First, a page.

Here you give your carefully thought out definitions of the key terms, and here you establish the relevant time-frame and issues — in other words, the parameters of the question. Citing such works will undermine the credibility of your essay. Do not forget to make notes as you go. Making notes helps you to summarise arguments and ideas, to select points relevant to your essay, to clarify and adjust your understanding of the essay question and of the topic it bears upon.
But your main priority should be to discover an argument. Drawing up a Plan Once you have come up with a working argument, you need to draw up a plan to guide the next stage of your research.
It should comprise a list of the points which each paragraph will attempt to demonstrate, and rough notes on supporting examples.
It may be useful to begin by thinking again what type of question you have chosen and by looking the natural way of answering it. In order to draw up a plan you will need to evaluate its merits: What points will I need to make in order to sustain this argument?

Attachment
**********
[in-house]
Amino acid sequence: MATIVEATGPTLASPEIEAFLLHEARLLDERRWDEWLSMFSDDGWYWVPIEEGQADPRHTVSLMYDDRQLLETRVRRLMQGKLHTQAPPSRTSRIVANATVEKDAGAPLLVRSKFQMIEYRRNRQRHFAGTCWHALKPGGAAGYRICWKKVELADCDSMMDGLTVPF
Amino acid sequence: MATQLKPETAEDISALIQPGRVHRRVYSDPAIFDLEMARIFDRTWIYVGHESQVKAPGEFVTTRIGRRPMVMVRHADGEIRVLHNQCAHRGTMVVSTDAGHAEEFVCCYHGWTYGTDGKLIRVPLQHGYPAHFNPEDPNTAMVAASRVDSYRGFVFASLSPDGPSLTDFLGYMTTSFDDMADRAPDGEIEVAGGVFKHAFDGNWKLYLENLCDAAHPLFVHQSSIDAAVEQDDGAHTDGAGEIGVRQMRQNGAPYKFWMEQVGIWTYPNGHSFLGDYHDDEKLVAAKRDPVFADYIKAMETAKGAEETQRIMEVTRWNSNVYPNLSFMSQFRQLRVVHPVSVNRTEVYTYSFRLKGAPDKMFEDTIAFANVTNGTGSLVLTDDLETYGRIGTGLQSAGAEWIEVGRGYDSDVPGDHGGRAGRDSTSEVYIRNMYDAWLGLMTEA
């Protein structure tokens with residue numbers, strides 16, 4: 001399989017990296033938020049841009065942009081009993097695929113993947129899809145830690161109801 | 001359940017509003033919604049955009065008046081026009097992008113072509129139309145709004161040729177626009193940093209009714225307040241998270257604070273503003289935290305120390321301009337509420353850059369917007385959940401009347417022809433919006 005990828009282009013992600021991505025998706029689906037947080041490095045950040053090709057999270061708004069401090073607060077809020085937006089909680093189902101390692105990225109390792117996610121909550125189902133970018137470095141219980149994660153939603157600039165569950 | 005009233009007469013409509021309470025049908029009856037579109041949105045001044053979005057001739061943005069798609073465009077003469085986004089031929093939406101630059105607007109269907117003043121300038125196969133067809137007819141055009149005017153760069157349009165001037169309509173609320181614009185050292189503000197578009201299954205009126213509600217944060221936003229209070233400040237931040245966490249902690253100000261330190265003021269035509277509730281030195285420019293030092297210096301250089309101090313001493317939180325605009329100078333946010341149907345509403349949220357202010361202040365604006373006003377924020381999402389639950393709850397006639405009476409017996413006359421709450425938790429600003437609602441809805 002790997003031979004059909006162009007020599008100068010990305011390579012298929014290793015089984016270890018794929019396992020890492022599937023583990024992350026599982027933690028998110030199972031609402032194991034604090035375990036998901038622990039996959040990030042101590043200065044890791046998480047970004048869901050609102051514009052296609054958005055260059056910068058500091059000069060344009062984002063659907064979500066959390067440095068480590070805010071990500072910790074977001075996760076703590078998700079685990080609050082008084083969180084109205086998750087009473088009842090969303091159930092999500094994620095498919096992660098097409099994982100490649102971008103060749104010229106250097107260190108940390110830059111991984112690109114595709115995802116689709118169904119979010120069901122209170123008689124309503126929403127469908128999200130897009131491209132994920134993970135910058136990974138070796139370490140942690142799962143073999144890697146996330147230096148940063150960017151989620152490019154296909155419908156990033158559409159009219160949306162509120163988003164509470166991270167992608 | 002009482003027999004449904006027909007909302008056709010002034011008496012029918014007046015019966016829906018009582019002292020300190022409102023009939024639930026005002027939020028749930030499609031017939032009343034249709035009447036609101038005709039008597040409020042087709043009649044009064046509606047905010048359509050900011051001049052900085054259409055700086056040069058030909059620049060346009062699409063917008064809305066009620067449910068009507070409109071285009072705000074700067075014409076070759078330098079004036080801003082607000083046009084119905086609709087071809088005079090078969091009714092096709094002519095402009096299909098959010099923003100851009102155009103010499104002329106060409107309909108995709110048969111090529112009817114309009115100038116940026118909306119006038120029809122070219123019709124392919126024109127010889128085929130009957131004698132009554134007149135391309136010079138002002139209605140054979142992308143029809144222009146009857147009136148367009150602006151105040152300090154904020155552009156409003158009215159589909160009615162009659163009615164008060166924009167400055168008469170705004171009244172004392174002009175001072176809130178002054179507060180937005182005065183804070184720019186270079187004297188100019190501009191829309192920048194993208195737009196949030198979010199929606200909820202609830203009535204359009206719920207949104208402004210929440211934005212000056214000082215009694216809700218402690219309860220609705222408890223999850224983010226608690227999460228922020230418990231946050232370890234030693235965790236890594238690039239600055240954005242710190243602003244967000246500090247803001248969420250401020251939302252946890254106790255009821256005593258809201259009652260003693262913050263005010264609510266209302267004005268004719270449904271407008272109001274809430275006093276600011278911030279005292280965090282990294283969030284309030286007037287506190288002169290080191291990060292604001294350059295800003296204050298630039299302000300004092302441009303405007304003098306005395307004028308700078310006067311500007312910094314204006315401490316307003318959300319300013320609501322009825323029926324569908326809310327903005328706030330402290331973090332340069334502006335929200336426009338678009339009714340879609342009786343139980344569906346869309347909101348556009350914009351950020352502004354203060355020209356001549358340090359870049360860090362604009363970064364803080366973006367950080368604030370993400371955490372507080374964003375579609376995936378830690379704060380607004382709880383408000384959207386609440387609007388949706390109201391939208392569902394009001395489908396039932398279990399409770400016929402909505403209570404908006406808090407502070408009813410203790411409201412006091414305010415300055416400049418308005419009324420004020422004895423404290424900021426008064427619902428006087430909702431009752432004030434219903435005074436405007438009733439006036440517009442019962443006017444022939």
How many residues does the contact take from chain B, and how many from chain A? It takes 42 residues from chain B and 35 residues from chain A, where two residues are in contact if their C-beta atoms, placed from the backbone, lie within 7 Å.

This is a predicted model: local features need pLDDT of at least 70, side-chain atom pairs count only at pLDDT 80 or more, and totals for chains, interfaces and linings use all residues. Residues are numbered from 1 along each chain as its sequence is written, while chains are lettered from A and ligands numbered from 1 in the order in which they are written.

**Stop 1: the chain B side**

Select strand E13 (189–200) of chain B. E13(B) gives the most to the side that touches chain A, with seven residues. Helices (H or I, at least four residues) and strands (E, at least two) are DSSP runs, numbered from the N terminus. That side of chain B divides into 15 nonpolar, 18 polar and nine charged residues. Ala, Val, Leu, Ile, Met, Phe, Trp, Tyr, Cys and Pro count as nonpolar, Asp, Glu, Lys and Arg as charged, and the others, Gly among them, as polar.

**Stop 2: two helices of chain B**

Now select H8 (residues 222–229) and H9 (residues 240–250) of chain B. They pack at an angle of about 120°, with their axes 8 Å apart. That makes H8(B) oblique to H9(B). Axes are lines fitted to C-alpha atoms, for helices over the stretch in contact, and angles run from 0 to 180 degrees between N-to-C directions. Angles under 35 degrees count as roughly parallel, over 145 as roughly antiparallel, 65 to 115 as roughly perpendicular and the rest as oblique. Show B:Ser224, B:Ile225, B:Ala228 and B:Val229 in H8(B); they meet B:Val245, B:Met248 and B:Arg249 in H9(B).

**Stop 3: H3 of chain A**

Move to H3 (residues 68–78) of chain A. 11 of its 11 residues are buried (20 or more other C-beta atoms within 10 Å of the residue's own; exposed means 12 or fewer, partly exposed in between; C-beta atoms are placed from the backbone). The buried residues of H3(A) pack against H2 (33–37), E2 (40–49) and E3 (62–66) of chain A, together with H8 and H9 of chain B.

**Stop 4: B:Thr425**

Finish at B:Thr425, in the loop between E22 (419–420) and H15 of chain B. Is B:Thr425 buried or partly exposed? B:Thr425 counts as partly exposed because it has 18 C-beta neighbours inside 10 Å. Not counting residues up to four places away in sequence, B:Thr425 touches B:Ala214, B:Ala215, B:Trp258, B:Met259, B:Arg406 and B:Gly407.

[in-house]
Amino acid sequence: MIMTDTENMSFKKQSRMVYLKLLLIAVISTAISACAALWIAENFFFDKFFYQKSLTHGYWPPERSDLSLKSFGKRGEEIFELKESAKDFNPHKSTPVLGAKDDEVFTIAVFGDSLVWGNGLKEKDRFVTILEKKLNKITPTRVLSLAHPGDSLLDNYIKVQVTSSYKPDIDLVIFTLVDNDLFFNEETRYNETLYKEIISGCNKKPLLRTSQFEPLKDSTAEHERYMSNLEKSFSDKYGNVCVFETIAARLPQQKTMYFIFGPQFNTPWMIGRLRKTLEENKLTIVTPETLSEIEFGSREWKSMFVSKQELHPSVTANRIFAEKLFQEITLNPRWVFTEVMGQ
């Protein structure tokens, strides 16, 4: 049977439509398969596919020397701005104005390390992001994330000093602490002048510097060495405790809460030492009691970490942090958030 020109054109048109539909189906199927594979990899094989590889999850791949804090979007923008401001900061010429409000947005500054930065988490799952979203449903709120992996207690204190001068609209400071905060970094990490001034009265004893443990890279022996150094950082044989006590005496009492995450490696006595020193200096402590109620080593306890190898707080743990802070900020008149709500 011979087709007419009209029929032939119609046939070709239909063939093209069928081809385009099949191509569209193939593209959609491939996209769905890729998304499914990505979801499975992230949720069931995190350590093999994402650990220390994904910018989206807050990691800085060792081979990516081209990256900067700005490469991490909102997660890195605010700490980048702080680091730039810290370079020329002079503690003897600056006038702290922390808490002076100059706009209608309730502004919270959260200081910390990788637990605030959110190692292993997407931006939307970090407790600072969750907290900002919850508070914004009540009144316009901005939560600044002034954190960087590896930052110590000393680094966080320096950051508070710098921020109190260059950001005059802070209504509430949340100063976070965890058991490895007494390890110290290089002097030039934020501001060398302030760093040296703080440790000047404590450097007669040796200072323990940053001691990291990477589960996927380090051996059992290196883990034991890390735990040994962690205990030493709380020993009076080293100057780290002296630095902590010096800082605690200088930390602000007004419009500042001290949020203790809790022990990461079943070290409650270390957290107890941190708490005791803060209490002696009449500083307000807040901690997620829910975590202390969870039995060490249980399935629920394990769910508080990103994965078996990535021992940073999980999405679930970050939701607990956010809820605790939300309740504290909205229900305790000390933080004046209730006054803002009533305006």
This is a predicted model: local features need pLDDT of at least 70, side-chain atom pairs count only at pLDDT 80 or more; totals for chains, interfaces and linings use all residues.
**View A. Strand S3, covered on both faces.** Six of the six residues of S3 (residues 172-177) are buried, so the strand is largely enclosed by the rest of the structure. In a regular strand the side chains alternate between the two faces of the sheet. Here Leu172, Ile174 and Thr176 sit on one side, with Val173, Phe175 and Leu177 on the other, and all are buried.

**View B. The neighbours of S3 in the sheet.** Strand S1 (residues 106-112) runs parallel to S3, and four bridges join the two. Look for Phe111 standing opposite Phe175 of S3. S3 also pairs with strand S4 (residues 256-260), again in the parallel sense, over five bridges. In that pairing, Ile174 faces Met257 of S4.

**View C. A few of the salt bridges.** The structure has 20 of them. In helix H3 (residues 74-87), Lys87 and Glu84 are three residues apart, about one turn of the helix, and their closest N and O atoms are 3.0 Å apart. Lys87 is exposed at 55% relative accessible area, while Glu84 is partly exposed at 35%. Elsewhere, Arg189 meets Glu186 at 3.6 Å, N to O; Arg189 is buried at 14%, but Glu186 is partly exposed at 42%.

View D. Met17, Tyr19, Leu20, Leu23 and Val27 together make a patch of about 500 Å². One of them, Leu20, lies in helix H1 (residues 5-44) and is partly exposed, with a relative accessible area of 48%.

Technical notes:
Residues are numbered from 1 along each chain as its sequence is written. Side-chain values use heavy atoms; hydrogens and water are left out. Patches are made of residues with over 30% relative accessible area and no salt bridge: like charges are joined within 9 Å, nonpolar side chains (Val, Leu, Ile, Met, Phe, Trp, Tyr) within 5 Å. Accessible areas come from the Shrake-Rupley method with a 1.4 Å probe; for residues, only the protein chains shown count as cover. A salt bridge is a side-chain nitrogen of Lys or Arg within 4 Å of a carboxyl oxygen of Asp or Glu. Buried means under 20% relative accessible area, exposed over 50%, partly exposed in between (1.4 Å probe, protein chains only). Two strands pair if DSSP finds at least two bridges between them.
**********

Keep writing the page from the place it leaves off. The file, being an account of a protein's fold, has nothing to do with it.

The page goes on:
Are there alternative points of view which will have to be considered and refuted in order to make this argument work? Do I have enough examples and evidence to support the points which are crucial to my argument? Do I need to know more about the examples I'm planning to use? Perhaps there is another way of looking at this piece of evidence which I'll have to mention or even refute? Directed Research Having decided on the line of argument you intend to use, and identified areas where you need more material, search the reading list and bibliographies of the texts you've been using for books and articles which will help you to solve these problems.
Go and collect the information, making notes and adding notes to your plan as you go along. Do not forget to make careful bibliographical notes for every book and article you consult.
You will need this information when it comes to footnoting your essay. Revising your Argument Inevitably, the previous stage will turn up things you hadn't thought of and books with better things to say about the topic.
Do not panic. Ask yourself: can your argument be saved with a few adjustments? Does the argument need to be re-constructed from scratch? If so, how can I recycle the information I've already begun to collect? Much will depend upon how confident you now feel about your argument. Follow your instincts: if the argument feels wrong, look for a better one.